This allows them to play on mobile devices, as well as removes the need for Flash on desktop computers. Or does it?
A few years back, YouTube introduced their HTML5 Video Player trial. This allowed people using modern to opt-in to viewing videos in h.264 instead of Flash. It was good.
Recently, I got a new MacBook Pro which shipped with Mountain Lion and, of course, no Flash preinstalled. Making the conscious choice to see how life is with no Flash, I have not installed it and so far everything is good… Except YouTube.
When I view embedded YouTube videos on other sites, they view fine. When I click on the YouTube logo on the video however, it takes me to YouTube where the video now proudly says: The Adobe Flash Player is required for video playback and helpfully gives me a link to go and download it.
Now, I know that this isn’t the case as I can view this video on the website that was embedding it. I can view the video on my iPad, or iPhone and, if I go into the super-secret Develop menu in Safari and change the User Agent to an iPad one, I can view it on my desktop. What’s going on?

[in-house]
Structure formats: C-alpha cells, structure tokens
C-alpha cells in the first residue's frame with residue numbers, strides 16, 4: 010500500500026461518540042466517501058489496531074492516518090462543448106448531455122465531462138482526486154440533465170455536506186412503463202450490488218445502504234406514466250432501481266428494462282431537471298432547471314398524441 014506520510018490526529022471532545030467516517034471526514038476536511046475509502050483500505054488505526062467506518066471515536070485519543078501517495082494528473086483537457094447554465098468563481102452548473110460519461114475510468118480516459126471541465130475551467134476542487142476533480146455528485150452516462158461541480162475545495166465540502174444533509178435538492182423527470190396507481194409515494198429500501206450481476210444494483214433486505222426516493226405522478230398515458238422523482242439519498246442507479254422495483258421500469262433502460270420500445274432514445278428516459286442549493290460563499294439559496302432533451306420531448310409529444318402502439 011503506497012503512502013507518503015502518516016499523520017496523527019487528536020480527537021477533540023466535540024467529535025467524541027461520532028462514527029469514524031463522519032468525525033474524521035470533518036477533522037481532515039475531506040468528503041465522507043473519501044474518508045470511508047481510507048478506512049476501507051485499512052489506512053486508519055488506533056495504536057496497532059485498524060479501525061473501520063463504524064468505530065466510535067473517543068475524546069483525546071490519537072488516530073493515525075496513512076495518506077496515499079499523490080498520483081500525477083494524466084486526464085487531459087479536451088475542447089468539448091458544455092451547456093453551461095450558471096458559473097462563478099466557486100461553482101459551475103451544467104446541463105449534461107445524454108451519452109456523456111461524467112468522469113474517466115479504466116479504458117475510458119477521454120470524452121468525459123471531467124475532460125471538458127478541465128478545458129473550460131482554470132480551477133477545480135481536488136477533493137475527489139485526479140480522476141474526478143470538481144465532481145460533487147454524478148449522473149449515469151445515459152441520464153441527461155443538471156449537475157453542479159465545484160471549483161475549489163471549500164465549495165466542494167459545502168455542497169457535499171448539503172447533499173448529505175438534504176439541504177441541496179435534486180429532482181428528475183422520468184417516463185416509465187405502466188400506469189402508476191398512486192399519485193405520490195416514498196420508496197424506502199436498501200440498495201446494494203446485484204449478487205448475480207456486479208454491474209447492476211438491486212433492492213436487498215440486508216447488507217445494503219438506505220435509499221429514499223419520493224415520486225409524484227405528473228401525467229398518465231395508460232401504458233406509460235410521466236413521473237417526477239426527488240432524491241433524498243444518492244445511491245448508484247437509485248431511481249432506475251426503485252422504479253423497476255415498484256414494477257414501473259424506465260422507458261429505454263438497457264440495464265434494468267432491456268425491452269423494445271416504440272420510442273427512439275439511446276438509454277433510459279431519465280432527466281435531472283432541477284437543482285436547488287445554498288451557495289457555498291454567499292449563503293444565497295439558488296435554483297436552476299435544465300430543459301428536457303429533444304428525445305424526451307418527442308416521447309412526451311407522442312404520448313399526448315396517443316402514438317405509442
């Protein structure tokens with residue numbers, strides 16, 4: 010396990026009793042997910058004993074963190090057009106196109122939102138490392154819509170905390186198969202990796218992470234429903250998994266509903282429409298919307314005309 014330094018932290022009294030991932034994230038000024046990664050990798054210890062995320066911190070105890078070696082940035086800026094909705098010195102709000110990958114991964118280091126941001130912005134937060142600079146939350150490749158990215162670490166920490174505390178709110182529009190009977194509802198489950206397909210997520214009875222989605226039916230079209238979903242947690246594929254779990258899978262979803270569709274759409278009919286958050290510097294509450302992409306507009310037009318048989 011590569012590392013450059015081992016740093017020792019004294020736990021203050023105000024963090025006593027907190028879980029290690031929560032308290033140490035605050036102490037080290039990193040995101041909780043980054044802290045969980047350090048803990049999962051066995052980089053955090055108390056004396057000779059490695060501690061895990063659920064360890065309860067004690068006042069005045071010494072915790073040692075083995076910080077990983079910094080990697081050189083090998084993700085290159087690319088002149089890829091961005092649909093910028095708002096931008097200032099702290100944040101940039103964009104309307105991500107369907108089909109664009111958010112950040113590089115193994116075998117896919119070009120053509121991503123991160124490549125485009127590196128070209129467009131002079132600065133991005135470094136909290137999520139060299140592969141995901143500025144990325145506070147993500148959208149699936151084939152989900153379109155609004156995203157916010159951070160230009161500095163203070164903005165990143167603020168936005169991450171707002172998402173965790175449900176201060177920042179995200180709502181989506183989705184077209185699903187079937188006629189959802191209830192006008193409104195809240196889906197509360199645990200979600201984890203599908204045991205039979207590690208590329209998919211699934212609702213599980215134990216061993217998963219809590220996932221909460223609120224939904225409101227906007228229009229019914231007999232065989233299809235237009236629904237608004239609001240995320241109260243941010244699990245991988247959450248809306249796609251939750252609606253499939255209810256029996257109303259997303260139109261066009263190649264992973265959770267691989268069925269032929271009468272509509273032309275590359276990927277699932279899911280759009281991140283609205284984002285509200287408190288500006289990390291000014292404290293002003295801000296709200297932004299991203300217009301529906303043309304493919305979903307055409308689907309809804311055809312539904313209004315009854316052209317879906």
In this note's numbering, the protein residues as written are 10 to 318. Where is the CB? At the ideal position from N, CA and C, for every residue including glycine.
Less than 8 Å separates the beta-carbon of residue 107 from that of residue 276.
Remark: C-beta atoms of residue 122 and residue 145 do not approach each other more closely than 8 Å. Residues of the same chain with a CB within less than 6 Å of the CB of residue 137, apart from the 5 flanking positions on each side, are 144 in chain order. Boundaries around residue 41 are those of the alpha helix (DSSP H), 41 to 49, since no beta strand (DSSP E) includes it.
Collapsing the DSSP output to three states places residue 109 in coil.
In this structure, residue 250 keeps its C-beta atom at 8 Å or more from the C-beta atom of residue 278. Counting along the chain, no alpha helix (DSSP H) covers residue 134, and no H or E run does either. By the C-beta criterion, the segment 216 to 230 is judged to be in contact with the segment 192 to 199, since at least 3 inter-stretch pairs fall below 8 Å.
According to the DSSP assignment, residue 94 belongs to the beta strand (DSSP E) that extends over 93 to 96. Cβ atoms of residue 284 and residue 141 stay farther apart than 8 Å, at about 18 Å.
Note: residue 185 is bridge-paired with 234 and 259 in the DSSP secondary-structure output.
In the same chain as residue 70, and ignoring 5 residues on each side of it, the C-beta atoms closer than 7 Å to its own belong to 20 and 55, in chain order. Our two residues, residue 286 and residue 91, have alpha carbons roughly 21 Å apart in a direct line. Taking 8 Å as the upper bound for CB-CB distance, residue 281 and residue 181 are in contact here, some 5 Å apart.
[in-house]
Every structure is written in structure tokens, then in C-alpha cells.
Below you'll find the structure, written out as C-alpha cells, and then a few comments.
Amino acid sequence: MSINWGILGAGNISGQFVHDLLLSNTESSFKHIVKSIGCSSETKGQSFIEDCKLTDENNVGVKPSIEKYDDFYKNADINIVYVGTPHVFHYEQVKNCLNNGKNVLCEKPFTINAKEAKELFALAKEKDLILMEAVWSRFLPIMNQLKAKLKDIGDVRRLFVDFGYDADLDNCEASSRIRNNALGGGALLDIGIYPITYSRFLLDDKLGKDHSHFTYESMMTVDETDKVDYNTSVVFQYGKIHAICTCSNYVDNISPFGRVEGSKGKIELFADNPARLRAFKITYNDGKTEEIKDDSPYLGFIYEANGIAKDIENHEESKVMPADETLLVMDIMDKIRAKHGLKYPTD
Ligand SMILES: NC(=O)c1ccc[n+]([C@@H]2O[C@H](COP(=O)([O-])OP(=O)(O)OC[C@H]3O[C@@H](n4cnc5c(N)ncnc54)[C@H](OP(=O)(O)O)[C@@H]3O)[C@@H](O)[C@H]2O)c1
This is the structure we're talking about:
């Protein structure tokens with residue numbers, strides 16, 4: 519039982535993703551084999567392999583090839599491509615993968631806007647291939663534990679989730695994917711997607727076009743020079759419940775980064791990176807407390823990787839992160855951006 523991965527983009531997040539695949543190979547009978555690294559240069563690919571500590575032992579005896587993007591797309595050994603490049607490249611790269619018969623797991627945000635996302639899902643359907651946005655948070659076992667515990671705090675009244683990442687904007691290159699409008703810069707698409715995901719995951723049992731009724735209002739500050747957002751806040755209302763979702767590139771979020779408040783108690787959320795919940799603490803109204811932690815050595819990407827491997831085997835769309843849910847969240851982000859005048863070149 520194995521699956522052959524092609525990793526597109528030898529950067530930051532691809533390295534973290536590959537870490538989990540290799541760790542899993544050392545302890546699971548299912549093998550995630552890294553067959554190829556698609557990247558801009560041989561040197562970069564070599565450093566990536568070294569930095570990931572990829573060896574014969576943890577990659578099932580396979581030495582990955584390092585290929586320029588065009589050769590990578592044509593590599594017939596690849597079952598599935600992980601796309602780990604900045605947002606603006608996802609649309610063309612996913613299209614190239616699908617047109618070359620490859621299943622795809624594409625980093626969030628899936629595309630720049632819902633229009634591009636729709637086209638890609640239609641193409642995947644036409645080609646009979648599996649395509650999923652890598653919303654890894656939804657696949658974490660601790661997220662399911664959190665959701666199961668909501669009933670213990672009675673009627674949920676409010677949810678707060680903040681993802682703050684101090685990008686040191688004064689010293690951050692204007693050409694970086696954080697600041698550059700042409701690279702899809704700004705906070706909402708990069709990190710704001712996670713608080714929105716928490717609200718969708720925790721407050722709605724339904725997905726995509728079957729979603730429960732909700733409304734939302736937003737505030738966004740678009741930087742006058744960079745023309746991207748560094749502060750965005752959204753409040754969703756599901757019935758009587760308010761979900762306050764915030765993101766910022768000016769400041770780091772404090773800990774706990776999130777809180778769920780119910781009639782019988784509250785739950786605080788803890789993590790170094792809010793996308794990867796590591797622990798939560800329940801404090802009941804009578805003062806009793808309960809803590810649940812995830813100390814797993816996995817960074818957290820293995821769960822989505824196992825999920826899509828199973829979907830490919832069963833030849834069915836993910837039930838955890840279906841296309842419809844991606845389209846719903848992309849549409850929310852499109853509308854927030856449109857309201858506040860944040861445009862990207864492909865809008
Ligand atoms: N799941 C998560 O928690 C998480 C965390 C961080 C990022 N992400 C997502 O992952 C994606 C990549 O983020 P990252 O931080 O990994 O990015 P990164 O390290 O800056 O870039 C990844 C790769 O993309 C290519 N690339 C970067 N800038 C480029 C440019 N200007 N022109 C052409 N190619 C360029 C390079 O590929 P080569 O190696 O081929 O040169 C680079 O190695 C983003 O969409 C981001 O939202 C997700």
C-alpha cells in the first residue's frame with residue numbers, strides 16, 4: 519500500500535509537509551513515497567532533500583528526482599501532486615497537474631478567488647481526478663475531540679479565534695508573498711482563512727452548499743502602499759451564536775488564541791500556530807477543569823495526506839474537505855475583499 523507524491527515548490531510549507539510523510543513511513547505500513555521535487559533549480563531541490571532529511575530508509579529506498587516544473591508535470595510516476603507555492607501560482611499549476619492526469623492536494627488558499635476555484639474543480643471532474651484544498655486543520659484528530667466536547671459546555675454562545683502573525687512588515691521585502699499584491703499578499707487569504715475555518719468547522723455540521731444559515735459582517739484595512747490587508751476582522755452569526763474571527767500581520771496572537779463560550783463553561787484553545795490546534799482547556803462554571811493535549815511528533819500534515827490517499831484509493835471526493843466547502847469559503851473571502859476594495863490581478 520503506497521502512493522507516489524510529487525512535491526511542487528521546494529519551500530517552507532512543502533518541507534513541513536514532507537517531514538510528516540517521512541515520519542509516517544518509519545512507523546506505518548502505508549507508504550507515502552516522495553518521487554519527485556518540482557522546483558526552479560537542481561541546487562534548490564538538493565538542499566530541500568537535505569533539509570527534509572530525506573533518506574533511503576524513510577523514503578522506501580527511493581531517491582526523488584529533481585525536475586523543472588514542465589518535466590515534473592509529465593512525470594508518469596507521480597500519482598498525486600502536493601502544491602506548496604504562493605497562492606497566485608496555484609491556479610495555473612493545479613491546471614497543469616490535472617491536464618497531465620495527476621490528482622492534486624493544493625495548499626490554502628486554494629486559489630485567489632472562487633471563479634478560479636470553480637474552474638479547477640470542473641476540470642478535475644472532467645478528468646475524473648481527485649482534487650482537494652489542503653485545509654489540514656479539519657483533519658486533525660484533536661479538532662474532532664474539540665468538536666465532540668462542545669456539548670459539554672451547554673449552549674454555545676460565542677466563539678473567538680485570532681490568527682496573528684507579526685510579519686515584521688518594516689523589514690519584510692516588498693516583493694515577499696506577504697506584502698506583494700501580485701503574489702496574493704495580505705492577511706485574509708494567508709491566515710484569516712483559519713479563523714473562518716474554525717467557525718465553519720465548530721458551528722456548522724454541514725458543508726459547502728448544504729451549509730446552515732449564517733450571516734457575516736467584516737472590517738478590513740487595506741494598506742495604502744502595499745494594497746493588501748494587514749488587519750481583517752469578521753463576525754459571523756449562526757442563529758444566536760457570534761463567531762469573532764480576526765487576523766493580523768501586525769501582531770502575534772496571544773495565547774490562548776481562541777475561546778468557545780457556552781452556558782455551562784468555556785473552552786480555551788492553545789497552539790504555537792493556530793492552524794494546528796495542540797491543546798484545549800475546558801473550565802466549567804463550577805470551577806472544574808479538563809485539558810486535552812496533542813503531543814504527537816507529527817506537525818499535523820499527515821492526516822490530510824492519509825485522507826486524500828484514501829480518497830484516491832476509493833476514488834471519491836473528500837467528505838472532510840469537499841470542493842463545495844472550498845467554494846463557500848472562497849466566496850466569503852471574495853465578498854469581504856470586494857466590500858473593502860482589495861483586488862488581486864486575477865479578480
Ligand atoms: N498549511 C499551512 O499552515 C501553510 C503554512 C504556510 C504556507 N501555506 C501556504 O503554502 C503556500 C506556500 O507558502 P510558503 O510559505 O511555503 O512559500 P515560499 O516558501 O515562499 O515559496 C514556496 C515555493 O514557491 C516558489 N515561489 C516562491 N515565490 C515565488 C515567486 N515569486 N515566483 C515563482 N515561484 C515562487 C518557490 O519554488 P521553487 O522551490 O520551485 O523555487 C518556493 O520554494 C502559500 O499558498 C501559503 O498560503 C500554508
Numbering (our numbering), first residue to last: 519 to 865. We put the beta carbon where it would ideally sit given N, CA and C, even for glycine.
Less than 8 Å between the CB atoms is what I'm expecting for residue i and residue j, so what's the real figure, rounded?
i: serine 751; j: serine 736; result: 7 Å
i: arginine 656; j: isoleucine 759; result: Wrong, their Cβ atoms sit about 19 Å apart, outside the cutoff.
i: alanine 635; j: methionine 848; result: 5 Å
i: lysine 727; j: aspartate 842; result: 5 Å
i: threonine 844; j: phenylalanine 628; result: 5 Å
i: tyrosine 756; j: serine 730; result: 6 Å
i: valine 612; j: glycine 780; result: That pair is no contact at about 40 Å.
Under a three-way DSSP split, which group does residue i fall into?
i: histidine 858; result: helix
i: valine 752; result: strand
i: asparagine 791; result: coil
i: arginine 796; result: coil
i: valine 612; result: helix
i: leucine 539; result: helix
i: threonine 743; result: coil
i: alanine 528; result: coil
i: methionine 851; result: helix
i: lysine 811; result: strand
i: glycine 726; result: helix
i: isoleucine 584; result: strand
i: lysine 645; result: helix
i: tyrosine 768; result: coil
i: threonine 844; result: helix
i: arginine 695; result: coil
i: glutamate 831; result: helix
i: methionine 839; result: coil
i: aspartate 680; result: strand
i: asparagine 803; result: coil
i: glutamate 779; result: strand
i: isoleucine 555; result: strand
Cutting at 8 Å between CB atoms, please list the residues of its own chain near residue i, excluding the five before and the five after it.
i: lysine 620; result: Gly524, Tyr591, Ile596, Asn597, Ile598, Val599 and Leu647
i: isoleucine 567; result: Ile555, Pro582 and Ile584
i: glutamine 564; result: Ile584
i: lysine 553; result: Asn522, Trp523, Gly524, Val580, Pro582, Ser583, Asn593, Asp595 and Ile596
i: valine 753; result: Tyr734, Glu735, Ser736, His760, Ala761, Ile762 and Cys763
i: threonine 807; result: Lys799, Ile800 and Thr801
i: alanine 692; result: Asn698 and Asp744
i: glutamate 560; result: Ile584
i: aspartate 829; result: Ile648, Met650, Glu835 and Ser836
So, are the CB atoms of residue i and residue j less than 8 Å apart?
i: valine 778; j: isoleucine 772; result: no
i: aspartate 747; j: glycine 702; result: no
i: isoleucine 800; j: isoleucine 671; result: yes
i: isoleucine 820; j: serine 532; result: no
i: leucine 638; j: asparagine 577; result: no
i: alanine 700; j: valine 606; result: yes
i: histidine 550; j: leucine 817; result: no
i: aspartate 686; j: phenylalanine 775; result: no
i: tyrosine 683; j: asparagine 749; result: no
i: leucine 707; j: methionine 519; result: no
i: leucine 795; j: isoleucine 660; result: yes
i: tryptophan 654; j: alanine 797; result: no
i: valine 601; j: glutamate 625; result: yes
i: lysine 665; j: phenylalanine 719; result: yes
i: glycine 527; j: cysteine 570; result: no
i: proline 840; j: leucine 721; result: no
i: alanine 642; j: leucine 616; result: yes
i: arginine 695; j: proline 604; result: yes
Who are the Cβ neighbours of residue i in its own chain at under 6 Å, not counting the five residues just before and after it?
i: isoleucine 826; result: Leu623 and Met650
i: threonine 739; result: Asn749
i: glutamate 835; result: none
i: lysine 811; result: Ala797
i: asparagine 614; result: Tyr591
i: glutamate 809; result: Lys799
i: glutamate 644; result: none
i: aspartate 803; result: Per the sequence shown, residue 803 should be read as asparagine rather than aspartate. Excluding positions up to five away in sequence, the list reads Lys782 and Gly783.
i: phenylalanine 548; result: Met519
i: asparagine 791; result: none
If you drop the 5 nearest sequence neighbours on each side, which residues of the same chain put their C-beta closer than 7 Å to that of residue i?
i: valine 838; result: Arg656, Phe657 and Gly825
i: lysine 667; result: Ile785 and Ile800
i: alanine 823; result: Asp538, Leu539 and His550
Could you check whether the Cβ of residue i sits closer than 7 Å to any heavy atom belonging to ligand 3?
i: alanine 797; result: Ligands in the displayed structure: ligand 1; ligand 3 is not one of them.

YouTube are now showing more and more ads than ever before when viewing videos directly on their website. I’m guessing that these ads are still in Flash format, so as it’s unable to show me the ad, it won’t then go ahead and show me the video either. Thanks, YouTube.
(Yes, at this point, I realise I’m not paying for the service, so I’m probably the product, not the customer, so I should shut up and stop complaining)
Fortunately, there is a solution.
What this plugin does is gets YouTube to load the HTML5 version of the video and as a side-effect, you don’t get the annoying ads. Does it get any better than that? Why, yes it does. YouTube5 also allows you to set default preferences for what size of video you prefer for YouTube, Vimeo and FaceBook. I’ve not had problems with any videos on Vimeo (I think they’re great, far better than YouTube!) but I have had problems viewing videos on FaceBook now that I think about it. As another bonus, it also allows you to right-click on a YouTube or FaceBook video (but not Vimeo) and download it.